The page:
BOMBSHELL EWTN INTERVIEW (Arroyo, Royal, Murray): the Pope’s Recent Governing Actions are Like a Caricature of Corporate America

BOMBSHELL EWTN INTERVIEW (Arroyo, Royal, Murray): the Pope’s Recent Governing Actions are Like a Caricature of Corporate America

Posted by Oakes Spalding on SATURDAY, JANUARY 7, 2017

Today’s interview, from Raymond Arroyo’s World Over Live, is a great indication on where the center of gravity is now moving within the ranks of the knowledgable Catholic faithful.

The interview was with author and apologist Robert Royal and canon lawyer and priest Gerald Murray. I think it’s fair to say that all (including Arroyo) were highly critical of Francis and the recent direction of his pontificate in the wake of Amoris Laetitia.

Among other things they addressed the report – now confirmed by many sources – that the Pope ordered the firings of three faithful “un-mutual” priests from important positions and then belligerently exclaimed that, as Pope, he didn’t have to explain himself to anyone.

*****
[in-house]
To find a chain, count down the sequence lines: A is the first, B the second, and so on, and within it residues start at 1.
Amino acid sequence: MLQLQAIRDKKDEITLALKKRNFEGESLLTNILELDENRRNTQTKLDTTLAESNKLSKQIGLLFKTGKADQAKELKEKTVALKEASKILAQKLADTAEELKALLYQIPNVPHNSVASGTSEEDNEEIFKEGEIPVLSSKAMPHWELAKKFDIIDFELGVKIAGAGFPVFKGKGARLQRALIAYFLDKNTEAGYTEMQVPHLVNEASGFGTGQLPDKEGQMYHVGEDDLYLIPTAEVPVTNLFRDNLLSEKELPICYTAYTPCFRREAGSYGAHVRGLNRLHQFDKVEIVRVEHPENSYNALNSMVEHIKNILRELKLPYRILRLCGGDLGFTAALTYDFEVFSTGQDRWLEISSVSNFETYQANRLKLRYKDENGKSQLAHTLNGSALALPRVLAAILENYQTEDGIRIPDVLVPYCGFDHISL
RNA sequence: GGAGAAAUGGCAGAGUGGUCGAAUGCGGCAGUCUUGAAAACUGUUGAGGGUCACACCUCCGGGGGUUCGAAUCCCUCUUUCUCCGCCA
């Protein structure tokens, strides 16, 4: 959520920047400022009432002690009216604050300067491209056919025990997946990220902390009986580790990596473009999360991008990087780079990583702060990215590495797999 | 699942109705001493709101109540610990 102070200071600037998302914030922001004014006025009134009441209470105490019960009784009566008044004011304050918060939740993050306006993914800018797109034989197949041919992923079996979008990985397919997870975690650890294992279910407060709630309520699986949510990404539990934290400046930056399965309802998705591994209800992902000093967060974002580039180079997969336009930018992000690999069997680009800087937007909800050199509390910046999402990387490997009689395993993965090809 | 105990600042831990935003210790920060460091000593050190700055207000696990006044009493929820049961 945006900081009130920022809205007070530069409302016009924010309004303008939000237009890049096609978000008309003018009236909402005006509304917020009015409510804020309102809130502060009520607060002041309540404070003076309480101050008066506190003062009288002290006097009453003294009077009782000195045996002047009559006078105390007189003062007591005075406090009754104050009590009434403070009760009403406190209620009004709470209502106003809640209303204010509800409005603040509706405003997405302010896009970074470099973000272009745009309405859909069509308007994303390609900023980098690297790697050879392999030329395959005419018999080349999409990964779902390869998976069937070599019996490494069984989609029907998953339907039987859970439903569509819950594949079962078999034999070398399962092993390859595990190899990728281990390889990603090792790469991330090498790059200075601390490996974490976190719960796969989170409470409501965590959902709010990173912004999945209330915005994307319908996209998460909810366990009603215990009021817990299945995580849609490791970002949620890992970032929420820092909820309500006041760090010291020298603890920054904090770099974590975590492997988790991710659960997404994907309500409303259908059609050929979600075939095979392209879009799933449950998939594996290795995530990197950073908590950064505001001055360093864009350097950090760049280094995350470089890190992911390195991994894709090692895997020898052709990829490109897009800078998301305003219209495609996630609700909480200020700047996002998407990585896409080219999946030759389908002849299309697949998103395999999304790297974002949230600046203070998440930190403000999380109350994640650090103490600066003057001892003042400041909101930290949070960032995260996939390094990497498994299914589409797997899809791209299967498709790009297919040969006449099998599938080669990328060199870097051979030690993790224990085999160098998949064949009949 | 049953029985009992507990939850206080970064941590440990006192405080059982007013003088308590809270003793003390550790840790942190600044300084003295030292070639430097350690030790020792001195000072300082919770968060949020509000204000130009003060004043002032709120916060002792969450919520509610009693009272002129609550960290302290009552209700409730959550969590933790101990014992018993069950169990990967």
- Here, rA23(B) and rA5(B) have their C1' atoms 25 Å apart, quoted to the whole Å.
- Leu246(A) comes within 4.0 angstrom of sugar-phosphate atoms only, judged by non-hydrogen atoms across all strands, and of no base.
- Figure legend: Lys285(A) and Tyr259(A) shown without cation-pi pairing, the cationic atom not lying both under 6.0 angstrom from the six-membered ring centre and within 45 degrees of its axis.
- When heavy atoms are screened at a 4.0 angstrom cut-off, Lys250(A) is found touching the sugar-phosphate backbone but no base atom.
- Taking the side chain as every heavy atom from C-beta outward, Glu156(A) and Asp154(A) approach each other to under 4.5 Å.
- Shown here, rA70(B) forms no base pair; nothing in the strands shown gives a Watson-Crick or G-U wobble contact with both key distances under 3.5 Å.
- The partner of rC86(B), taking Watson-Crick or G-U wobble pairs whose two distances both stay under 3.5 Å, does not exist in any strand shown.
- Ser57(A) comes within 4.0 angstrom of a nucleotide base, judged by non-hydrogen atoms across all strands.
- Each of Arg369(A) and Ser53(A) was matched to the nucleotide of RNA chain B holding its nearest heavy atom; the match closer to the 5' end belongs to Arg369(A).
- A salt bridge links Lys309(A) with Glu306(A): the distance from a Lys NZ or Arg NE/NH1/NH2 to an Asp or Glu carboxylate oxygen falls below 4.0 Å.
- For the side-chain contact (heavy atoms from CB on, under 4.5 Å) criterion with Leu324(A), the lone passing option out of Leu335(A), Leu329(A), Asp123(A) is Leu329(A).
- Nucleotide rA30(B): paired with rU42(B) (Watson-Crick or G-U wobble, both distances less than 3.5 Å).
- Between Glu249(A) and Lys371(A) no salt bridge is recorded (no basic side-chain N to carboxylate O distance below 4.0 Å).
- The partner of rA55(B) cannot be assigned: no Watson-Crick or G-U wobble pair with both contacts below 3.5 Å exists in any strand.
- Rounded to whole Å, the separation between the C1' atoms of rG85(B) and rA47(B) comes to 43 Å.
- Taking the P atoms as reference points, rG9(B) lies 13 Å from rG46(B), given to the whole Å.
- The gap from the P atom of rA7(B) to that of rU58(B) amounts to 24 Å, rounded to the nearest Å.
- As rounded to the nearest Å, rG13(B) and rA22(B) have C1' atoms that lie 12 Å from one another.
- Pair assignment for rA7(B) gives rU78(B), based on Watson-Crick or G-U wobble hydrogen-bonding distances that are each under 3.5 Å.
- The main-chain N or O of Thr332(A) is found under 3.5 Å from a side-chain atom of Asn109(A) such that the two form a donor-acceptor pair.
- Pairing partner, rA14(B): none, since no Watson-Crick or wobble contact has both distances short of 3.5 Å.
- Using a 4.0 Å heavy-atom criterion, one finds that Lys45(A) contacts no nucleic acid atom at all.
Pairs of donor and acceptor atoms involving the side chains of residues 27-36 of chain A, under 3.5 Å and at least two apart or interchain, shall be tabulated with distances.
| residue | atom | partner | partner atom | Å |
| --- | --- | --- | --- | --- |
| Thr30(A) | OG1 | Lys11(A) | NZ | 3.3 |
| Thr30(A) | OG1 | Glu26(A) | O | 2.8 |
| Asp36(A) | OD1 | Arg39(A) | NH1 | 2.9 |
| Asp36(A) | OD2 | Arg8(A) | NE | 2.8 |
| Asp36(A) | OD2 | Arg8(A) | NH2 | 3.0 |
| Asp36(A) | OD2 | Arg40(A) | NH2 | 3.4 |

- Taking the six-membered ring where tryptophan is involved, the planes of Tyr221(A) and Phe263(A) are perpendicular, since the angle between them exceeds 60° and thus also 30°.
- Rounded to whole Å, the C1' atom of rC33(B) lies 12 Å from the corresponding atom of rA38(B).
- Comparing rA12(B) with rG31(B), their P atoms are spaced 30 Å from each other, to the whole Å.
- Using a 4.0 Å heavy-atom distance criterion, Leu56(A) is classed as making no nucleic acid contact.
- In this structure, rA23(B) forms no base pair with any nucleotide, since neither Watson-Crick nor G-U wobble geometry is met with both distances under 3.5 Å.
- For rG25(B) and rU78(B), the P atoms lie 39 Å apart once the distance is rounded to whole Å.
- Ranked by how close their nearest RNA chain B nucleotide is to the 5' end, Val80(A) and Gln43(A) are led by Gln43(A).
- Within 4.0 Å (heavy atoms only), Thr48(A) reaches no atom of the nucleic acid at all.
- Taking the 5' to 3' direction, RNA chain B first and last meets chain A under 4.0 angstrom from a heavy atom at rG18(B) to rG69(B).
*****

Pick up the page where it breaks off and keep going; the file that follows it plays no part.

Hence the jab about corporate America.

The three were somewhat restrained and “respectful” – they didn’t claim Francis was a heretic or the forerunner to the Anti-Christ, etc. – but the overall negative sentiments were obvious. And I suspect all three may be less restrained in private.

Schism is coming. And more and more fence sitters are taking sides in their own way.

And no, I don’t want schism. No true Catholic would. Francis recently privately admitted that he may be the cause of it. But everyone will have to answer to God for the part that he played.


C.S. Lewis once had a character say in That Hideous Strength:

If you dip into any college, or school, or parish, or family—anything you like—at a given point in its history, you always find that there was a time before that point when there was more elbow room and contrasts weren’t quite so sharp; and that there’s going to be a time after that point when there is even less room for indecision and choices are even more momentous. Good is always getting better and bad is always getting worse: the possibilities of even apparent neutrality are always diminishing. The whole thing is sorting itself out all the time, coming to a point, getting sharper and harder.